The Science Industry Ambassador of the Year Awards celebrate the brilliant work being done across the industry to inspire young people in their studies and future career aspirations.
The finalists all exemplify the passion and commitment to science through their voluntary work in supporting students, teachers and employers.
Below you can read more about the four finalists. The winners will be announced at an awards ceremony in London on December 4.
Gemma Scotney (Pfizer)
Gemma was a leading figure in restarting an initiative called Community Lab – a collaboration between Pfizer and a number of partners which lets school pupils experience an industrial laboratory – after the Covid pandemic.
She also helped reinvigorate her employer’s work experience programme post-Covid by designing a hands-on initiative allowing a greater number of students to create a medicine and follow it through the development process, and has mentored a first-year biochemistry student to support them with interview skills and career progression through the Black Pharma scheme.
Gemma ascribes her love of science to her “utterly awesome” secondary school teacher, without whom she wouldn’t have continued to study the subject beyond secondary school. She is also passionate about making relatable role models available to young people so they can connect with and be inspired by someone from a similar background.
She believes this should include hearing from people who have overcome challenges – for example, her elder sister has ADHD and instead of this being a barrier believes it has helped her in her career as an engineers, describing the condition as her “superpower”.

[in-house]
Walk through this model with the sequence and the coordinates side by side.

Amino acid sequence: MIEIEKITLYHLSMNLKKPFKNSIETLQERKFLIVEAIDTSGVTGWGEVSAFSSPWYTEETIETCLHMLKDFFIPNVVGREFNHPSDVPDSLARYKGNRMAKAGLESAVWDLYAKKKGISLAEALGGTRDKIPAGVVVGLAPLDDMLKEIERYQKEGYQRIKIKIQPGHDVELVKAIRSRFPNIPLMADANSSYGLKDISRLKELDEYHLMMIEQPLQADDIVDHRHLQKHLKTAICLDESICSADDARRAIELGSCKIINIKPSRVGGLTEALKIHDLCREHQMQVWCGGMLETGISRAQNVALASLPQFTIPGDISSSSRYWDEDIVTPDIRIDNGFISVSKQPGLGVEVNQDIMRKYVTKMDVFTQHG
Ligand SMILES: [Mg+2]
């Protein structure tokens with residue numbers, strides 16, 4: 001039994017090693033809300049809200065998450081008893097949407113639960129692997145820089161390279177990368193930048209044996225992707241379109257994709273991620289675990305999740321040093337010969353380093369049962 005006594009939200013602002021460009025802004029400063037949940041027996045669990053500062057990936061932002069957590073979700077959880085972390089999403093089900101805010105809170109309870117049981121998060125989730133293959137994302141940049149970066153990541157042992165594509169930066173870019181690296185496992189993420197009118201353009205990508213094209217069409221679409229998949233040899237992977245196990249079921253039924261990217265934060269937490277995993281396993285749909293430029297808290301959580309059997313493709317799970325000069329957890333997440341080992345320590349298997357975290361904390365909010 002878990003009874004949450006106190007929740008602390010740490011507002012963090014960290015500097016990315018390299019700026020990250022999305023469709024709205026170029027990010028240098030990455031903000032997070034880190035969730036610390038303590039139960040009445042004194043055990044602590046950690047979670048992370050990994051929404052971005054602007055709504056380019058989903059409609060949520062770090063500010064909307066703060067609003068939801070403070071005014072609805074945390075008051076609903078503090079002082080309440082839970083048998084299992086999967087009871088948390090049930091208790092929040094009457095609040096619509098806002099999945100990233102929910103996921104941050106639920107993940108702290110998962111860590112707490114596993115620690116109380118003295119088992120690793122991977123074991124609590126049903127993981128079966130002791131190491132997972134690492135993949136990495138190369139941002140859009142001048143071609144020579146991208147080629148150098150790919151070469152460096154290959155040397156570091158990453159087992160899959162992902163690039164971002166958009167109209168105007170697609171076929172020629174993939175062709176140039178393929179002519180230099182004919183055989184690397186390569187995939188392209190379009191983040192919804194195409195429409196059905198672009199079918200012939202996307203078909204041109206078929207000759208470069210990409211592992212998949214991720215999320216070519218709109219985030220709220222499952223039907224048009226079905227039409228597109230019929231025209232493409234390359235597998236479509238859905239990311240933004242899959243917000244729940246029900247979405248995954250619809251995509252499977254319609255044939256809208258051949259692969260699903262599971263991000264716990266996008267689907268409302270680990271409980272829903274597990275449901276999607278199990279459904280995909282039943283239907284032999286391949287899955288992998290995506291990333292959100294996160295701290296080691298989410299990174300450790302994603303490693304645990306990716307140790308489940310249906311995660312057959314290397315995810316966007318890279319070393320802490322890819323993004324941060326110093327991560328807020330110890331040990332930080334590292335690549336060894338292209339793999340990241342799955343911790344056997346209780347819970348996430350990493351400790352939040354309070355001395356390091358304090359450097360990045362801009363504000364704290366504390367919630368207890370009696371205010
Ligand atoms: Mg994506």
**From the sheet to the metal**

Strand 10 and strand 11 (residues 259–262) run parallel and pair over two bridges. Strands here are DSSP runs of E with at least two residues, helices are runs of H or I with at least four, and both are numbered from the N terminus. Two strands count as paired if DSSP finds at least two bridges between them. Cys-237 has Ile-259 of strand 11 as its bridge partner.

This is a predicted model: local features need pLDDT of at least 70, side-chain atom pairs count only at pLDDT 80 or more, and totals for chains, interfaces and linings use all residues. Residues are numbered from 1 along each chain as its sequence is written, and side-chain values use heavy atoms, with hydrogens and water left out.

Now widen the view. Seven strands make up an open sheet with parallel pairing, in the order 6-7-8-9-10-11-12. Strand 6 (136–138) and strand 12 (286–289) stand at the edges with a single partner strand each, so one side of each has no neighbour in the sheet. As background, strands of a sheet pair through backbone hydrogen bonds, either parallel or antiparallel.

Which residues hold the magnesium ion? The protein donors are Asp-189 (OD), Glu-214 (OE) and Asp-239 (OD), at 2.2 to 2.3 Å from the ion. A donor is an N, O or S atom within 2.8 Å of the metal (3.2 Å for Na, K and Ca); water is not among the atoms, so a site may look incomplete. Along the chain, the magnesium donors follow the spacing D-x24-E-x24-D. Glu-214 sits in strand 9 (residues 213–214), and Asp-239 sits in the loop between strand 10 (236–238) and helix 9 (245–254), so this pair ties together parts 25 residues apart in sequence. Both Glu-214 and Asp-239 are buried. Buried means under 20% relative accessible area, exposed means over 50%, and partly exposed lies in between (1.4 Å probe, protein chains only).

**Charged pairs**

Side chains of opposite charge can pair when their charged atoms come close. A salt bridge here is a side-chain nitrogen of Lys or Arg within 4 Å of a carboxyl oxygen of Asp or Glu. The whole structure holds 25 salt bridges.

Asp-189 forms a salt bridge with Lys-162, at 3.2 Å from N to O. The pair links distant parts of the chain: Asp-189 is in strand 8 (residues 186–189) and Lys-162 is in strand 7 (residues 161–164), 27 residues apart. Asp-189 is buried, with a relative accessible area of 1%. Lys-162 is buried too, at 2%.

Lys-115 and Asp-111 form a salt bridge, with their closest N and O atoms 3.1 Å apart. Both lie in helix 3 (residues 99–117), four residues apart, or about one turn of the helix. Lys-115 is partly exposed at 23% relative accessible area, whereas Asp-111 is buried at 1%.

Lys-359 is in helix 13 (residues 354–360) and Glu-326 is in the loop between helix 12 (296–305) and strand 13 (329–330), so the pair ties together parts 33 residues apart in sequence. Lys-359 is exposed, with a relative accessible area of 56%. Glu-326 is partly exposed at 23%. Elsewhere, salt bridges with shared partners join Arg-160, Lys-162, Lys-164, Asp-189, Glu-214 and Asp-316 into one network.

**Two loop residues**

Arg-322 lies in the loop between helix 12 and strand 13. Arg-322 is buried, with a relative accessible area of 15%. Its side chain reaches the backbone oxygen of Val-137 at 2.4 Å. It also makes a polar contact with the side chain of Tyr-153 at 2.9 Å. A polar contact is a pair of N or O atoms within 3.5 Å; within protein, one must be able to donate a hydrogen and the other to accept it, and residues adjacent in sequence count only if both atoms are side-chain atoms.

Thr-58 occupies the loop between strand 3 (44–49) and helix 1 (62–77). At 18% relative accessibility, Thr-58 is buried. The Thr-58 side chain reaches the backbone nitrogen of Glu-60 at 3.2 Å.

Pfizer Executive Director, Liz Collins, and Director, Melanie Hill, say of Gemma: “Her love of science and dedication to equity, diversity and inclusion through both her STEM and Pfizer activities mean she is a role model to students, parents, teachers and colleagues alike.”
Annabelle Nicholson (Victrex)
Annabelle has mentored a student at Blackpool Sixth Form College as part of the Career Ready programme since January, sharing her insights from her educational and career journey to help them identify and pursue their own path in STEM.
She also does careers outreach through a range of activities including careers fairs, supported young people doing work experience with her employers Victrex, judged schools science competitions. This work also included the Royal Chemistry Society’s Find Your Element scheme, which took children from underprivileged backgrounds to Lancaster University for first-hand experience of university life and studying science.
Annabelle went to a small rural school in her Lake District village and this experience has made her passionate about reaching young people in small communities and helping them understand the wide range of science-based study and careers open to them.
She also believes youth organisations have a potentially important role to play in broadening young people’s aspirations and believes STEM should be a key part of this.